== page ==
Friday, October 3, 2008

A little learning is a dangerous thing but a lot of ignorance is just as bad.

A little learning is a dangerous thing but a lot of ignorance is just as bad.
Bob Edwards

I have decided to explain the crisis and why the plan is useless once and for all to myself - it is really an economy of scale issue as it is the question I get the most (Yes, I know you are wondering why people even bother to ask me anything being an European Elitist Arrogant High-horse something as a "friendly anonymous visitor to my site called me!)....these days....but let me try:

The background is this:

Imagine you have a bank - for arguments sake let us call it : Banque Paulson & Bernanke - their corporate motto's is: "We create moral hazards better than anyone else -faster".....

This bank BP&P got an asset side which really mimics a traditonal portfolio:

A little stock, a little government bonds(10%), a little (sorry a lot) of mortgages(30%), a little lending(40%), a little Real Estate(20%) and other on-and-off balancesheet vehicles...

- It is - obviously- all funded day by day in the money market.

The portfolio is leveraged 10 times - which happens to be the average leverage in commercial banks.

Now - the market (portfolio) is down 15% - meaning you are insolvent by 50% -- i.e 10 x 15% = 150% minus your capital = -50% - but your "bank" --- allows you to keep the portfolio because tomorrow they "hope" the market will be better.....(The Church going traders I call them..)

Then one day the Congress and its two parties called We-got-zero-clue and We-got-even-less-clue gets call from The White House - some geezer who doesn't know what an CDO is shouts: "Fire, Fire - pants on fire ......." Please send in the Mortgage Firebrigade..... fast!

Congress goes into panic and decides they will buy ALL MORTGAGES and ALL MORTGAGE INSTITUTIONS in the country.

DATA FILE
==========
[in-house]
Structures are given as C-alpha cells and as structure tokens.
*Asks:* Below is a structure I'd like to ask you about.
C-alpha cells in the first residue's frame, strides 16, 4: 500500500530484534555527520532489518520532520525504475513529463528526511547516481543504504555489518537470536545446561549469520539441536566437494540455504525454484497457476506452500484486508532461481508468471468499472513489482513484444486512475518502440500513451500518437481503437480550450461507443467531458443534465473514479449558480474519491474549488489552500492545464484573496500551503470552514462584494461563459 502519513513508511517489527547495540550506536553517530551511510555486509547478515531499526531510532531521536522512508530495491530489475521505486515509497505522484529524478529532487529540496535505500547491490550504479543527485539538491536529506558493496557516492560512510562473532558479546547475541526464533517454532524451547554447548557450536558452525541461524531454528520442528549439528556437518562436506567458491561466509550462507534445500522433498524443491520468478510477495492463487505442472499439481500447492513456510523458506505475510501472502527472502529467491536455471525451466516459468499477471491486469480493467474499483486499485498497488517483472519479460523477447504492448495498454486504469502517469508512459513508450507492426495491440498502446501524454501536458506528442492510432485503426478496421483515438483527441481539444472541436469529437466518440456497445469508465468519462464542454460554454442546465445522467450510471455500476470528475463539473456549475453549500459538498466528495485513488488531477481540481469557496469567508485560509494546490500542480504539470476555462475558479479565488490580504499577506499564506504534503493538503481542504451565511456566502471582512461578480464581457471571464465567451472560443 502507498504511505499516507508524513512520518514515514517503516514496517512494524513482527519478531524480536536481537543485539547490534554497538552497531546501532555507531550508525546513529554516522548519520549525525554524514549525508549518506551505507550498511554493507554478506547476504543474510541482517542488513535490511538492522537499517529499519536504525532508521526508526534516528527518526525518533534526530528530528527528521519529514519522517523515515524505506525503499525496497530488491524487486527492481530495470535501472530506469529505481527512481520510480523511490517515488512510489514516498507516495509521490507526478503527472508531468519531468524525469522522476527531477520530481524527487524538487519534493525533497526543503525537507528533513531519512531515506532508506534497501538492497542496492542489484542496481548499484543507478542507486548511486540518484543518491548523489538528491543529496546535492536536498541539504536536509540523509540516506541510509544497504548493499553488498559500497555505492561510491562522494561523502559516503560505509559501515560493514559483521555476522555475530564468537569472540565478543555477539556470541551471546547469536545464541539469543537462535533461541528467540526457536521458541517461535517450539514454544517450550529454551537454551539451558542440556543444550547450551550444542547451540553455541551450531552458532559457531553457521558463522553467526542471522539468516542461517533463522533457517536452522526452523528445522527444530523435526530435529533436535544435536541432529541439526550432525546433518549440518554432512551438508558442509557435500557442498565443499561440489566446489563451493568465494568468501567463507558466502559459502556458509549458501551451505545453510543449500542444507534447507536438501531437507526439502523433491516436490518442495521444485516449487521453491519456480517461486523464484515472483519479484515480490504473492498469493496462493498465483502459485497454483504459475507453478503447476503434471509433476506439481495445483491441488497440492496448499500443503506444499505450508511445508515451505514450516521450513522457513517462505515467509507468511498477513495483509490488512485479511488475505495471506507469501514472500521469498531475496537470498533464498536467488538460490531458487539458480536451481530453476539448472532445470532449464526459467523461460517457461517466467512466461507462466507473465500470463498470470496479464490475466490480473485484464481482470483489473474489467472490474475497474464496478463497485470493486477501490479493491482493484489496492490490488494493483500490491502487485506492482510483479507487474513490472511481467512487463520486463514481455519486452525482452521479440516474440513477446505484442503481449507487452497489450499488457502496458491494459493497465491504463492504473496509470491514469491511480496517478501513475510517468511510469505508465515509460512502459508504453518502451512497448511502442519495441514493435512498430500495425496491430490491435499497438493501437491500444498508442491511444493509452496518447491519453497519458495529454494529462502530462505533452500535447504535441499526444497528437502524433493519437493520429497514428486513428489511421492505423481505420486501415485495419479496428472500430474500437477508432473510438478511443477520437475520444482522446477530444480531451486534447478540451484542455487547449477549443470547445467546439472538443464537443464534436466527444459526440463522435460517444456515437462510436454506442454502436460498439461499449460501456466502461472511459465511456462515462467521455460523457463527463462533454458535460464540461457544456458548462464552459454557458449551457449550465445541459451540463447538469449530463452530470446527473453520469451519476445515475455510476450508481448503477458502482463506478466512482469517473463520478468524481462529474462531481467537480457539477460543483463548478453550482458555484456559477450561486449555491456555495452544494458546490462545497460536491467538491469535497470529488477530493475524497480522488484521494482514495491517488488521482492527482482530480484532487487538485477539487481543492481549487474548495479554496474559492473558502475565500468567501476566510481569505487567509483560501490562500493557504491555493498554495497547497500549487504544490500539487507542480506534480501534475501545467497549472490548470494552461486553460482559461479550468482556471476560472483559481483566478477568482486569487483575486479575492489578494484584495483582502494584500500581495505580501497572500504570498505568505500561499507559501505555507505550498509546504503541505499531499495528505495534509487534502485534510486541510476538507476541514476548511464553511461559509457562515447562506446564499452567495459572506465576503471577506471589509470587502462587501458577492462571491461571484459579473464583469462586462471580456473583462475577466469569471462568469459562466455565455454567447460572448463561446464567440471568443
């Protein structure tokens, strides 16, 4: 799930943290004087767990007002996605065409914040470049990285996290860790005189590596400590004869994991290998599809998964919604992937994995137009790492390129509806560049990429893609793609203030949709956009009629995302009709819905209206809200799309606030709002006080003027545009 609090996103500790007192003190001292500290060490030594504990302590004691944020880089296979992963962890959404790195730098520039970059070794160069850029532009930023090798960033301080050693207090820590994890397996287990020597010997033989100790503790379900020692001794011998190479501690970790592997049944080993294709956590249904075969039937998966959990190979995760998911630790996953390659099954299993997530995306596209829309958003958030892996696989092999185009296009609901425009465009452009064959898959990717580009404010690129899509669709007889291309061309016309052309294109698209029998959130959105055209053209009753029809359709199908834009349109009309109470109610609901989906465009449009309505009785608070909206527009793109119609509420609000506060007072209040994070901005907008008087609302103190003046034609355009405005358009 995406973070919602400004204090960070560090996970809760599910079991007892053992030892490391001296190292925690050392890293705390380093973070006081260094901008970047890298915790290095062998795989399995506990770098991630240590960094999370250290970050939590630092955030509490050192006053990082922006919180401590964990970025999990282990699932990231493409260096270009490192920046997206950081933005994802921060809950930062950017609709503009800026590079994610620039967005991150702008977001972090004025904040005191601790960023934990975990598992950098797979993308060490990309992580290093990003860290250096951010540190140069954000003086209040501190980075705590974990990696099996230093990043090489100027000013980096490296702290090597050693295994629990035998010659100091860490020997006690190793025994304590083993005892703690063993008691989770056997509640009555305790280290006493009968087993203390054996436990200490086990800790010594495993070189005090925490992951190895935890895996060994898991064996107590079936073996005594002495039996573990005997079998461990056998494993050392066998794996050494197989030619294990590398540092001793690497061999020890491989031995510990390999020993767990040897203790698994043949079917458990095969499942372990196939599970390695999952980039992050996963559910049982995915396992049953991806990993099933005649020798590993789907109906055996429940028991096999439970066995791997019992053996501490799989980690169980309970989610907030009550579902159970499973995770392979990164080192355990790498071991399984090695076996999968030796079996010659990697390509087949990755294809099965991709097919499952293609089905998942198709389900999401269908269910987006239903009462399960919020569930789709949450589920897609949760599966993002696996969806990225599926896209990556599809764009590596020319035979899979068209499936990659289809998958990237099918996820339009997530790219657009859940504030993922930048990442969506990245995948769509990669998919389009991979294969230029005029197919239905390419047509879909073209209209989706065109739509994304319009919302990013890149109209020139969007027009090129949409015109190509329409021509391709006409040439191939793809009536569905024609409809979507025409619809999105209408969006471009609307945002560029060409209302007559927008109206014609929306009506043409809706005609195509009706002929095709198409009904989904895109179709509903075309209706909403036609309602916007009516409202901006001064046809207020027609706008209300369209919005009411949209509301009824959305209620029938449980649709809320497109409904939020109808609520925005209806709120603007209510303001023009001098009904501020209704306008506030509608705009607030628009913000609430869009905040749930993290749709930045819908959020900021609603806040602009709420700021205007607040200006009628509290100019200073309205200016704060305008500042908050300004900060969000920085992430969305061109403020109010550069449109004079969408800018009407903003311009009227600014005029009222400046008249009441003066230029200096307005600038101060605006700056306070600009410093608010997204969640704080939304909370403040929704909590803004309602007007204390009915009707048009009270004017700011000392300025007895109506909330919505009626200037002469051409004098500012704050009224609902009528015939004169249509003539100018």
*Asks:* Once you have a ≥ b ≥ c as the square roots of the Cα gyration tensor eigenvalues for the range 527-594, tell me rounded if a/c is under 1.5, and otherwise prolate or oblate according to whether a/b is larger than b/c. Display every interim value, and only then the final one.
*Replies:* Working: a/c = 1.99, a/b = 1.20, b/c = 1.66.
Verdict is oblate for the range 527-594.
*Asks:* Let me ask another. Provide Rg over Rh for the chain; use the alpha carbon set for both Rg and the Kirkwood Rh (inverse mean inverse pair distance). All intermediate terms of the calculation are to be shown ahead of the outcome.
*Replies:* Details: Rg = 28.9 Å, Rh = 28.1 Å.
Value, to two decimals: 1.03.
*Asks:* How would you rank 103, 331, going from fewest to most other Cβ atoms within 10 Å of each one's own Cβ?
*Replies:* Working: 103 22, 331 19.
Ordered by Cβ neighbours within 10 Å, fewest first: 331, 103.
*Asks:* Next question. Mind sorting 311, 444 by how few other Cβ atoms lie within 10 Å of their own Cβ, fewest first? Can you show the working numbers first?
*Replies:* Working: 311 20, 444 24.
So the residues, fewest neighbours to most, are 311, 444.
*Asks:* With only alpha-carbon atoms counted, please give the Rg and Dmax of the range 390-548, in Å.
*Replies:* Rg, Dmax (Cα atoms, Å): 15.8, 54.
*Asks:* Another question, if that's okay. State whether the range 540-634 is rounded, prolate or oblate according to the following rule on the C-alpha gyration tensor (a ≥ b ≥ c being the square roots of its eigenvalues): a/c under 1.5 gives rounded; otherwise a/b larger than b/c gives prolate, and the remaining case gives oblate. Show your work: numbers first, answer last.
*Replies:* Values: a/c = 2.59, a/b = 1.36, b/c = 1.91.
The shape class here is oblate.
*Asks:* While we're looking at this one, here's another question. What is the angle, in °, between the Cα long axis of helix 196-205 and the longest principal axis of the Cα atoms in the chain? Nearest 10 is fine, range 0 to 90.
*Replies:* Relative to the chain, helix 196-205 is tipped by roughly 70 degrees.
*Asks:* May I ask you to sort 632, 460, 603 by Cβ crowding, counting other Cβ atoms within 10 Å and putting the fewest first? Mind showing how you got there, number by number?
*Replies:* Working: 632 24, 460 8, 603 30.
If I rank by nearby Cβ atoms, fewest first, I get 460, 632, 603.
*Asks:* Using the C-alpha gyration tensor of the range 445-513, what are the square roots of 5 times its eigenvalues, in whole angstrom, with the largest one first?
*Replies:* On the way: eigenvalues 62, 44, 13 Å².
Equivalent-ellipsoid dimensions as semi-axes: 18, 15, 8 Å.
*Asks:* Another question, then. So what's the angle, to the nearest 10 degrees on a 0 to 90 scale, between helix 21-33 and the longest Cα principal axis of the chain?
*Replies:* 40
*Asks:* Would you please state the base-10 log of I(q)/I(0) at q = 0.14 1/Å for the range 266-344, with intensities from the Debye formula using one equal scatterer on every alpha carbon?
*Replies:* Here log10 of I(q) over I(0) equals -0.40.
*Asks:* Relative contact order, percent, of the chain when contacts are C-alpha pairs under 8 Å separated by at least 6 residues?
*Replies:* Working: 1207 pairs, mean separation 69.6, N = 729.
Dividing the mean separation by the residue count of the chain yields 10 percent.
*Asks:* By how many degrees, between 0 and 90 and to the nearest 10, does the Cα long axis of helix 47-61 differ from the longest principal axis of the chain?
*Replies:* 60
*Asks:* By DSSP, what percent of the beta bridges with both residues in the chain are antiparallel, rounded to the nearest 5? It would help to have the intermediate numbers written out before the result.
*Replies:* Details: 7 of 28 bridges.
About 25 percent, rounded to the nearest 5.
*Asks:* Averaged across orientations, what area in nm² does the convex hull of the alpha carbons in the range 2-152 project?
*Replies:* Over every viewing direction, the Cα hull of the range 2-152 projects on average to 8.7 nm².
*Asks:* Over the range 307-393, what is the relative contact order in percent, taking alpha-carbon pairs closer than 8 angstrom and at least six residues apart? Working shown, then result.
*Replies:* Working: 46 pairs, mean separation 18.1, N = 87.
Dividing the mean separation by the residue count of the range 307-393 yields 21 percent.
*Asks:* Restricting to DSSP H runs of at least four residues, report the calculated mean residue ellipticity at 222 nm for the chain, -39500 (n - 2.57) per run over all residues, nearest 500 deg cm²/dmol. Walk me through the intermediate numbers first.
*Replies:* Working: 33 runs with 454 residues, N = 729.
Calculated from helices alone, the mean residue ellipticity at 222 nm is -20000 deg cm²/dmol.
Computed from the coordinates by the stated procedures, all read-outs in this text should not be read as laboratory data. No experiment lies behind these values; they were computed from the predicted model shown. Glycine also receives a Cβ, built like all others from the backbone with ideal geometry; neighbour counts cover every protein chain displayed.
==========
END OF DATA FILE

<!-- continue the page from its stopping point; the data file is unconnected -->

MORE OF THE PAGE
Fine.....but hang on... lets go through this...

If the GOVERNMENT buys only the mortgage loss from my portfolio what happens next?

Well if we deal a market-prices the mortgage portfolio is off my book @ 20 cents in the dollar... so my cash goes up but the loss remains in place plus taking 30% of loss off still leaves me short a few bucks...but even if they bail-out out without loss' on my mortgages I am still short: (100 USD - 30% in mortgages equals 30 USD x 10 leverage = 300 USD x 15% loss = equals 45 USD I am getting 45 USD back - but I am down 50 USD net - leaving me 5 US dollars short (Yes, this is constructed portfolio but.. point is still the same....)

- and IF... the others parts of the portfolio continues to fall --- BP&B is still even more insolvent.


Because you are NOT dealing with the real issues:

1. Funding is done day by day - with massive mismatch in time - Bad business model is environment of scarce credit creation.
2. Leverage - in a perfect storm EVERYTHING becomes correlated. .meaning falling...
3. Mortgages - there are 4.5 mio. unsold homes, so whether government or private sector owns them does not matter - its all math.....
4. Solvency - portfolio of BP&B still insolvent - why should anyone deal with them?
5. Transperency - how do I know BP&B is honest?

The right solution would be to let everyone go bankrupt - but if you want to spend the tax payers money the government needs to think like a Private Equity Fund - buy on the bid, restructure balance sheet,give new management upside in equity, sack the old management, and buy equity upside leverage.